As a former head of history at an inner London secondary school and having taught for 20 years, I was aware of the curriculum’s constraints and the fact that the presence of black people in Britain was not appreciated, and that their contributions were not acknowledged. Any history that referred to people of African heritage was history of the enslavement of Africans in North America.
My own heritage forms part of Black British history – my father Ita, who had moved from Nige- ria to London in the 1920s had been a volunteer Air Raid Protection Warden (ARPW) during the Sec- ond World War. Today, he is featured in exhibitions at the Imperial War Museum and the City of West- minster Archives Centre. As I taught, I could not advise my African and Caribbean students where to go when they asked, ‘Miss, where’s our history?’ I wanted to see if I could write, but the demands of teaching made it impossible.
My first piece was for the BBC’s History Mag- azine in July 2000 and it was about the 19th century African American actor Ira Aldridge. For several years I worked as an INSET trainer for teachers on black British history, and became involved in a number of projects all related to black British history. I enjoy going to the theatre, and I was con- scious of visiting the Old vic and seeing photo- graphs of well-known British actors that had performed there, like Laurence Olivier, Richard Burton and Peter O’Toole. Ira Aldridge had per- formed at the Old vic when it was known as the Royal Coburg Theatre, and yet an image of him was conspicuous by its absence. Ira Aldridge (1807- 1867) was a successful African American actor who left the United States to become one of the leading interpreters of Shakespearian characters, in particular Othello and Hamlet. He toured Britain and Eu- rope and was very popular in Prussia (Germany) and Russia.
In 2003, I wrote to the Old vic’s Artistic Di- rector, Kevin Spacey, suggesting that an image of Aldridge be added to the current display of actors. His assistant wrote back, saying that it would be un- likely that they would hang a picture of Aldridge on the theatre’s wall. This dismissive attitude was taken as a call to arms, and I decided to launch a cam- paign to get Ira Aldridge’s portrait displayed at the Old vic.
I launched a campaign at a Black and Asian Studies Association (BASA) Conference, and got members to sign a petition. The campaign was given further weight by getting letters of support from actors and leading figures in the arts – Prunella Scales, Timothy West, Simon Callow, the late Corin Redgrave, Melvin Bragg, and many oth- ers who supported the campaign. Within ten days of receiving the petition and letters of support, the Old vic contacted me with an invitation to meet with them. They said they would be prepared to put up a picture, if I supplied it.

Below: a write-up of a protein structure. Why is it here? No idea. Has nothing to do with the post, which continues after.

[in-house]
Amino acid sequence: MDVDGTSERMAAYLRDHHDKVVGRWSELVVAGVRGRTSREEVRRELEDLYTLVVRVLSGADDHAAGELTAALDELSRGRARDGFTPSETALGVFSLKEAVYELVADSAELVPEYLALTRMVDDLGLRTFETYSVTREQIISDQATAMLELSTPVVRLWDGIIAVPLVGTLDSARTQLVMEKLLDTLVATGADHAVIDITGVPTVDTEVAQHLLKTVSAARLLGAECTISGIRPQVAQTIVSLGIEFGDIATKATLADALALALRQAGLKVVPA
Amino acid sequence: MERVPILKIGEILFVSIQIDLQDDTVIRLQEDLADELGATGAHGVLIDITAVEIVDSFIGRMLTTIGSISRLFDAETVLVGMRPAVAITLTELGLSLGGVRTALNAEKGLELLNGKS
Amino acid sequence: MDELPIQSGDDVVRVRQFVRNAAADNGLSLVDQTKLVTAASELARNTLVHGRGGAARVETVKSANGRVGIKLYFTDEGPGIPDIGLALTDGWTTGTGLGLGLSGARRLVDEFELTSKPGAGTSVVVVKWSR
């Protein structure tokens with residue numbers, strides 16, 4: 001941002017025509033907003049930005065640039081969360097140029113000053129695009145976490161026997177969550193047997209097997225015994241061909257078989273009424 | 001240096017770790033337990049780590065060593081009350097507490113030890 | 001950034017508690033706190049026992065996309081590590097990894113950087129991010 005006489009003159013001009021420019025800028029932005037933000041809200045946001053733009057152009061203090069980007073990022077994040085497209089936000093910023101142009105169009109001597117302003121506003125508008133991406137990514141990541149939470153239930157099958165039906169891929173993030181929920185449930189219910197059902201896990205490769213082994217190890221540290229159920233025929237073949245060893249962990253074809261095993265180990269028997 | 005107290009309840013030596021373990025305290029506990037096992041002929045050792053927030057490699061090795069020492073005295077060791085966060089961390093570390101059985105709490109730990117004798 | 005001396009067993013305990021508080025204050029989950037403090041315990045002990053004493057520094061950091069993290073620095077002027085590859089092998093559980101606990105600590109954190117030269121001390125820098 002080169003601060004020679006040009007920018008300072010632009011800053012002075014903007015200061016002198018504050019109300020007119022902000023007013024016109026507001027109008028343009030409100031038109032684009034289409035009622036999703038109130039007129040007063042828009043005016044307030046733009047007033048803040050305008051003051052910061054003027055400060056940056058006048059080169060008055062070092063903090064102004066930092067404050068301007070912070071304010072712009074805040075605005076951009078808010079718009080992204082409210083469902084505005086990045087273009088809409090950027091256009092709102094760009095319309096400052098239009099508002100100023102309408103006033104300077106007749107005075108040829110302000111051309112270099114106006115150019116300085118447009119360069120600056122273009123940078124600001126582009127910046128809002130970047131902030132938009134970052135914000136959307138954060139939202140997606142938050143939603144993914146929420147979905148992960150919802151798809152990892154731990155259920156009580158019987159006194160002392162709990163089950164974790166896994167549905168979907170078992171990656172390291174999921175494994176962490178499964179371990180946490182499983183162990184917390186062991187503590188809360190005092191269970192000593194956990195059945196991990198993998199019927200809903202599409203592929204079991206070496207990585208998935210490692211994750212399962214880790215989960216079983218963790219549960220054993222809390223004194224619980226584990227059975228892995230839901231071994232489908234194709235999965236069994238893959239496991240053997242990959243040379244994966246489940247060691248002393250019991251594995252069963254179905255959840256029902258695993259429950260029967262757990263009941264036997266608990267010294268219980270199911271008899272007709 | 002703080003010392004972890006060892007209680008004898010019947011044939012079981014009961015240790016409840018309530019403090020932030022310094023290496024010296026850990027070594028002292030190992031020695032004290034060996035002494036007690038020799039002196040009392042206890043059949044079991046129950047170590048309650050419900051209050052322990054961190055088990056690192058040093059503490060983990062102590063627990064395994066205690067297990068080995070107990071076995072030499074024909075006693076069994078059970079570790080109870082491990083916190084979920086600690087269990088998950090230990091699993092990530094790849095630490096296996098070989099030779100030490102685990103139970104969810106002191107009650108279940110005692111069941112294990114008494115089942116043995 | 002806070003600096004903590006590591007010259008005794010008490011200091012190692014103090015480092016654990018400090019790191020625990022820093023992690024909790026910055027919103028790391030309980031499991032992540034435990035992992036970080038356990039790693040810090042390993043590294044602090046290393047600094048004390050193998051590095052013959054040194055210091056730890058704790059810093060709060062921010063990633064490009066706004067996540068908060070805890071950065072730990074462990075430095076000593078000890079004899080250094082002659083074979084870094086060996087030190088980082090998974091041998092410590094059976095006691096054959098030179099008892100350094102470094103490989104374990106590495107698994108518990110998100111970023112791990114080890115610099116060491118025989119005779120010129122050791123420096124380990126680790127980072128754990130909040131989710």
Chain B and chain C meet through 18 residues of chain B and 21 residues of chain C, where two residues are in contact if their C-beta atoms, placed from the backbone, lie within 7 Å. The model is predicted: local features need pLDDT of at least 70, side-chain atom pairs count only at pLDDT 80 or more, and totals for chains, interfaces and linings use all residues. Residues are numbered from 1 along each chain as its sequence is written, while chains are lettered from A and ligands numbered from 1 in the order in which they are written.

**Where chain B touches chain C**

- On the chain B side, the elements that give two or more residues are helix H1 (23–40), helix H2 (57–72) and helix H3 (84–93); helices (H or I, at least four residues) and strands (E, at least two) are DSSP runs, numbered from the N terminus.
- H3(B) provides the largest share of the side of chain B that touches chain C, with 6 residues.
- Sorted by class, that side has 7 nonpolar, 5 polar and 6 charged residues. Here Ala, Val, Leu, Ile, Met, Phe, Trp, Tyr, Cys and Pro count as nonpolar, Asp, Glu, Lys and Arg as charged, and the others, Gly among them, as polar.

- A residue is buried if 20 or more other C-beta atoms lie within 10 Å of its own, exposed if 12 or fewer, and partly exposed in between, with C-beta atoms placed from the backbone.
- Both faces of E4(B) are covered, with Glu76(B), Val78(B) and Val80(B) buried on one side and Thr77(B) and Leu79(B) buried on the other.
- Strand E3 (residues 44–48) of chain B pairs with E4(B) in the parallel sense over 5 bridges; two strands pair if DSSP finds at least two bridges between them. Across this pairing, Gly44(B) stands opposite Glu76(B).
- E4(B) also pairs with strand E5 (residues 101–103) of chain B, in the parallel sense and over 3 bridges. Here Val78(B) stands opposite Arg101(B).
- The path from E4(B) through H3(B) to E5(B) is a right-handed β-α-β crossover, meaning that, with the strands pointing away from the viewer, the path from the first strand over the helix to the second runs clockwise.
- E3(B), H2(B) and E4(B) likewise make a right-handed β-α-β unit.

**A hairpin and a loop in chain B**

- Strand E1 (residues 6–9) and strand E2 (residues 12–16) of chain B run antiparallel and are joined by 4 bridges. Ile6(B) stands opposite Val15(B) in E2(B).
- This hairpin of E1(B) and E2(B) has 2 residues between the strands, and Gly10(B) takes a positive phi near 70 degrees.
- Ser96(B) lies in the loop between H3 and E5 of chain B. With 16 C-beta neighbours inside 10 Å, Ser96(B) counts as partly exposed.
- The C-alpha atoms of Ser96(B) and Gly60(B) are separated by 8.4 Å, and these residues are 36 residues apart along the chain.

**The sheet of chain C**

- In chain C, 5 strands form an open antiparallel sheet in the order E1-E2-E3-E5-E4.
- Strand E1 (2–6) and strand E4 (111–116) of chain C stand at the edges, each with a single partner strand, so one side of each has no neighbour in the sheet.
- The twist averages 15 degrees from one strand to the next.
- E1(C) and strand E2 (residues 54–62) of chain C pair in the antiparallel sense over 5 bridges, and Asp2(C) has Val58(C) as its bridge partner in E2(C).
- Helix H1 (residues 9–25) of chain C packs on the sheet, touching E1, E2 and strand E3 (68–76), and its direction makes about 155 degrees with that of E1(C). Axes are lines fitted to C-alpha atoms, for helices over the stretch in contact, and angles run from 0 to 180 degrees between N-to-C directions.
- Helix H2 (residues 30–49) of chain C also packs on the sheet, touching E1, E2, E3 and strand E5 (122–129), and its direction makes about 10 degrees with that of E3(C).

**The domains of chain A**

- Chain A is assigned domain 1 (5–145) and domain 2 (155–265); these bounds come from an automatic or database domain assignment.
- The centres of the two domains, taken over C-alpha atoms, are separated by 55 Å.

I contacted Sandy Nairne, the Director of the National Portrait Gallery, who had three images of Ira Aldridge in their collection. Sandy agreed to do- nate a copy, and so I took the three images to the Old vic, and they chose the one of Ira in the role of Aaron in Titus Andronicus. Actor Earl Cameron unveiled the portrait at a Ceremony. Earl is the last living link with Ira Aldridge. When he arrived in England from the Bermuda in the 1939 he was ad- vised to take elocution lessons, and was given the name of a teacher, who happened to be Amanda Aldridge, Ira’s younger daughter. The unveiling in 2004, which was attended by many of Britain’s lead- ing actors, both black and white, led to the Old vic allowing me to put on a performance there to mark the bicentenary of Aldridge’s birth in 2007. Later that year English Heritage invited me to unveil a blue plaque on Aldridge’s House in Hamlet Road, Crystal Palace.
The campaigning spirit continued with my contacting Royal Mail for commemorative stamps to mark the bicentenary of the Act to abolish the
transatlantic trafficking in African people. I sug- gested a few names and gave advice on Olaudah Equiano and Ignatius Sancho. My current project ‘Memorial 2007’ campaigns for a memorial in Hyde Park dedicated to enslaved Africans and their de- scendants. Like my previous projects, I have met with resistance and challenges along the way, but I am determined to succeed.
Memorial 2007 is now a registered charity. With letters of support from the Mayor of London, English Heritage and UNESCO, the final hurdles are planning permission, and raising £1.5 million. I see the memorial as an educational resource – it tells the story of Africans before European contact, of capture and enslavement, resistance and legacy. My determination keeps me going. The late Gil Scott-Heron said, ‘No one can do everything, but everyone can do something.’ This is my philosophy. If we work together, if enough people give five pounds each, raising £1.5